Wednesday, January 31, 2007

Ernest Ranglin - Below The Bassline/Boss Reggae

Ernest Ranglin - the greatest Studio One session guitar man. He plays on the majority of the ska and reggae singles - My Boy Lollipop, The Rivers of Babylon etc.etc. He is also a great jazz player, having recorded with Sonny Stitt, among others.
Below The Bassline is his recent "comeback" recording - a mellow and very very groovy jazz/reggae fusion. When I heard it, I thought it sounded like Monty Meets Sly and Robbie, except with guitar upfront instead of the piano. Sure enough, it turns out Monty Alexander is backing him on this disk; in fact, they are old mates, having played together in Jamaican studios in the 60s and 70s, on the Skatalites', Jimmy Cliff's and Prince Buster's records.
In general, I am suspicious of the "comebacks", but this one is a big exception. If anything, I like it better than his '70s Boss Reggae (which is more reggae, less jazz). Here are both albums, you are welcome to make your own comparison.

Ernest Ranglin - Below The Bassline 1996
REUP: depositfiles
320kbps, 126 mb
1. Congo Man Chant
2. Surfin'
3. King Tubby Meets The Rockers
4. Satta Massagana
5. 54-46 (Was My Number)
6. Ball Of Fire
7. Black Disciples
8. Bourbon Street Skank
9. None Shall Escape The Judgement
10. Nana's Chalk Pipe
11. Below The Bassline
Personnel: Ernest Ranglin (Guitar); Monty Alexander (piano, melodica); Ira Coleman (Acoustic Bass); Idris Muhammad (Drums); Gary Mayone (Keyboards, Percussion); Rolland Alphonso (Tenor & Soprano Sax)

Ernest Ranglin - Boss Reggae 1970?
link below
1. Grandfather's clock
2. Soulful i
3. Liquidation
4. Dr. no-go
5. Everybody's talking
6. Pop-a-top
7. Sweet sensation
8. Scoopy
9. There's a fire
10. My elusive dreams

You can also find another Ranglin-Monty collaboration, "Rocksteady", over here.

Three archives on depositfiles:
Boss Reggae + Ultimate Ranglin Roots
Below the Bassline + In Search of a Lost Riddim
A Mod A Mod Ranglin + Memories Of Barber Mack + Sounds And Power

Miriam Makeba - Folk Songs From Africa / Pata Pata

I became aware of her through a book on linguistics. She is singing in Xhosa, which is one of the click languages. It is thought that the click languages are the most ancient language group on Earth. The first tune here is titled A Click Song AKA Qongqothwane, where the q's are alveolar clicks.
She was pretty popular in US in the 70s. I have no release info on this CD, but it sounds genuine to me: no synths, no drum programming, the instrumentation is sparse and authentic. So this is most likely a collection from her original 60s albums, or even if it's a recent (re-)recording, then it's just as good.

Miriam Makeba - Folk Songs From Africa
44mb, 128kbps
1. Click Song
2. Retreat Song
3. Mbube
4. Suliram
5. OlililI
6. Amampondo
7. Nomeva
8. Pole Mze
9. Saduva
10. Iyaguduza
11. Kilimanjaro
12. Qhude
13. Dubula
14. Umhome
15. KwedinI
16. Maduna
17. Lakutshn Ilanga
18. Mayibuye

This is one of the original albums from the early 70s, including the song that made her famous - Pata Pata. It's an African standard, like Mbube AKA Wimoweh.

Pata Pata, 1972
160 kbps, 40 mb
REUP: sharebee
01. Pata Pata
02. Ha Po Zamani
03. What is Love
04. Maria Fulo
05. Yetentu Tizaleny
06. Click Song No.1
07. Ring Bell, Ring Bell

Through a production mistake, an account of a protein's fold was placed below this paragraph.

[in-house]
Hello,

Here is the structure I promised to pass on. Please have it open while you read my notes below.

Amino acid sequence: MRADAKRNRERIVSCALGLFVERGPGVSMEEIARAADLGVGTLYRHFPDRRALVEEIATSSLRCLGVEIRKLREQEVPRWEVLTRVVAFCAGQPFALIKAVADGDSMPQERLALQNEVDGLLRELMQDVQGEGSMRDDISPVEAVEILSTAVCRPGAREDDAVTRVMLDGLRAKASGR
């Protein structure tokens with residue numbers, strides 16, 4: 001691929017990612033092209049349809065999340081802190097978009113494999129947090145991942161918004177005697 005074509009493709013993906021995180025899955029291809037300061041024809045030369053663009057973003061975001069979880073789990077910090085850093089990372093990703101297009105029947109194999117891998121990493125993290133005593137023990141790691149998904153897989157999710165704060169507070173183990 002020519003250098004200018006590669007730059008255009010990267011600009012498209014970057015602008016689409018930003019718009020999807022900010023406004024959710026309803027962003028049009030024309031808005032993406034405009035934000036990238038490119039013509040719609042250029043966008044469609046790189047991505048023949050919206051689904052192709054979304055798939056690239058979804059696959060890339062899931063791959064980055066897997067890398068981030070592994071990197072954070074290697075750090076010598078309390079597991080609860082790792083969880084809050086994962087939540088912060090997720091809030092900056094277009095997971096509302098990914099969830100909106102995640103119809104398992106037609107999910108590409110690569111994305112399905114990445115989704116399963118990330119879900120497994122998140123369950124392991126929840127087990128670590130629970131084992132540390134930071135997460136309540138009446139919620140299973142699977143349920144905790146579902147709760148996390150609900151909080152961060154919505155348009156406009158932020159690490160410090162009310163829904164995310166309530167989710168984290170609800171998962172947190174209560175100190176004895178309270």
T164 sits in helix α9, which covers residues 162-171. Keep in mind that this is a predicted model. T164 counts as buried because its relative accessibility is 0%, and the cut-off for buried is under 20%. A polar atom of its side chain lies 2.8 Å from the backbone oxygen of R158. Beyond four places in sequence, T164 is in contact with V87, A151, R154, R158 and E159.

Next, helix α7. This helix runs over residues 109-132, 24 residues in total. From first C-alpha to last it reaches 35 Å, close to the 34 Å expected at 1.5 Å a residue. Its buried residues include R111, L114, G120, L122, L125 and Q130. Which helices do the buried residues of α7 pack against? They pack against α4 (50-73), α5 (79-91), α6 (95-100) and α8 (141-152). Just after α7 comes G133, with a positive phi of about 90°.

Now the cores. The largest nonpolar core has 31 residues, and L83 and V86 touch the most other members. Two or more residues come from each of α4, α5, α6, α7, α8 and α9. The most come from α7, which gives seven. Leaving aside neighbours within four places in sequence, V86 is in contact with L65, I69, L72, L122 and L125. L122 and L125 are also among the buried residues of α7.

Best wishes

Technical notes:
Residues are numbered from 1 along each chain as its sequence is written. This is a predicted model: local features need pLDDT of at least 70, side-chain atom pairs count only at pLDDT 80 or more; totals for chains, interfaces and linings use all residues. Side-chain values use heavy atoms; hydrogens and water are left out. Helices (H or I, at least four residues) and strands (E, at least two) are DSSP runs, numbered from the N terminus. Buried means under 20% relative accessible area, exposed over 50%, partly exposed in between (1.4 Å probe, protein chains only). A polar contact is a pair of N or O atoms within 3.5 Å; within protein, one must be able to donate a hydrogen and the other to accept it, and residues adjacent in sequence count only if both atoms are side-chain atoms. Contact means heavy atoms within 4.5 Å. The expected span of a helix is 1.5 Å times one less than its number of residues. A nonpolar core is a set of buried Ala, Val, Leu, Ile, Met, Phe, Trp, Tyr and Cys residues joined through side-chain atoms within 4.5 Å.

08. Jol'inkomo
09. West Wind
10. Saduva
11. A Piece of Ground
12. Malayisha

Rumba Congolaise AKA El Congo Brazza Kin

The buttery music on El Congo Brazza Kin (Marabi/Harmonia Mundi) evokes rather than duplicates the classic Cuban-influenced music of the Congo, which in its heyday carried more than a hint of brashness. The quasi-acoustic approach partners low-key amplified guitars with up-front percussion and vocal harmonies so soothing they make sleep seem laborious in contrast. Most of the core repertoire of songs made famous by African Jazz and African Fiesta is carried here by the Rumbanella Band. This third-generation rumba outfit was formed in 1986 by singers Madou Lebon Mulowayi and Lola Bivuatu, bassist Bolita Mzela Zimbika and guitarist Kankonde "Serpent" Joseph to keep alive the old-time Kinshasa sound. Tabu Ley Rochereau's "Kellya" gets a Hawaiian vocal lilt plus guitar arpeggios with a few slack-key-style pull-offs, while the gliding "Ngalula" probably isn't an ode to hairy female legs despite a typo to that effect in the liner notes. Rumba pioneer Wendo Kolosoy fronts his band Victoria Bakolo Miziki, bringing yodeling vocals and a dash of golden-age Ngoma label-style grit to "Botiakitembé." His reprise of his 1948 hit "Marie Louise" strains his pipes a bit, but Rumbanella fills the vocal cracks with effortless instrumentation. Veteran likembe thumb-piano virtuoso Antoine Moundanda contributes improvised song "Bounsana" about the recent civil war in the Congo that for all its loveliness feels out of place on a rumba disc, as does his "Wendo Likembé" with Kolosoy adding vocals. Think of them as added texture on a nearly flawless release.

Real Congolese rhumba had a lilting rhythm that's almost irresistible, especially when paired with harmonizing voices on top. And this, although it's new, is definitely real rhumba, not the speeded-up soukous that ruled in the '70s and '80s. The sensuous mix of Cuba and West Africa is safe in the sure hands of Rumbanella Band, a young group of musicians who are not only skillful, but imbued with the spirit of history. But this is more than a re-creation — some of the genre's early giants also perform, like Wendo Kolosoy, whose "Marie Louise" (done anew here) was one of the first Congolese rhumba records in 1948. He's wonderful with the veteran band Victoria Bakolo Miziki, but one of the joys is to hear him perform with his old friend Antoine Moundanda (who plays thumb piano) on "Wendo Likembé." This is an easy joy of a disc, quietly effervescent, going through some classics of the genre with taste and real elegance, but never forgetting that at its heart this is music for dancing. Perhaps, in the long wake of Buena Vista Social Club, this music is due for a real revival — and this mix of old and young musicians might well be rhumba's Buena Vista. It's certainly every bit as glorious and luscious.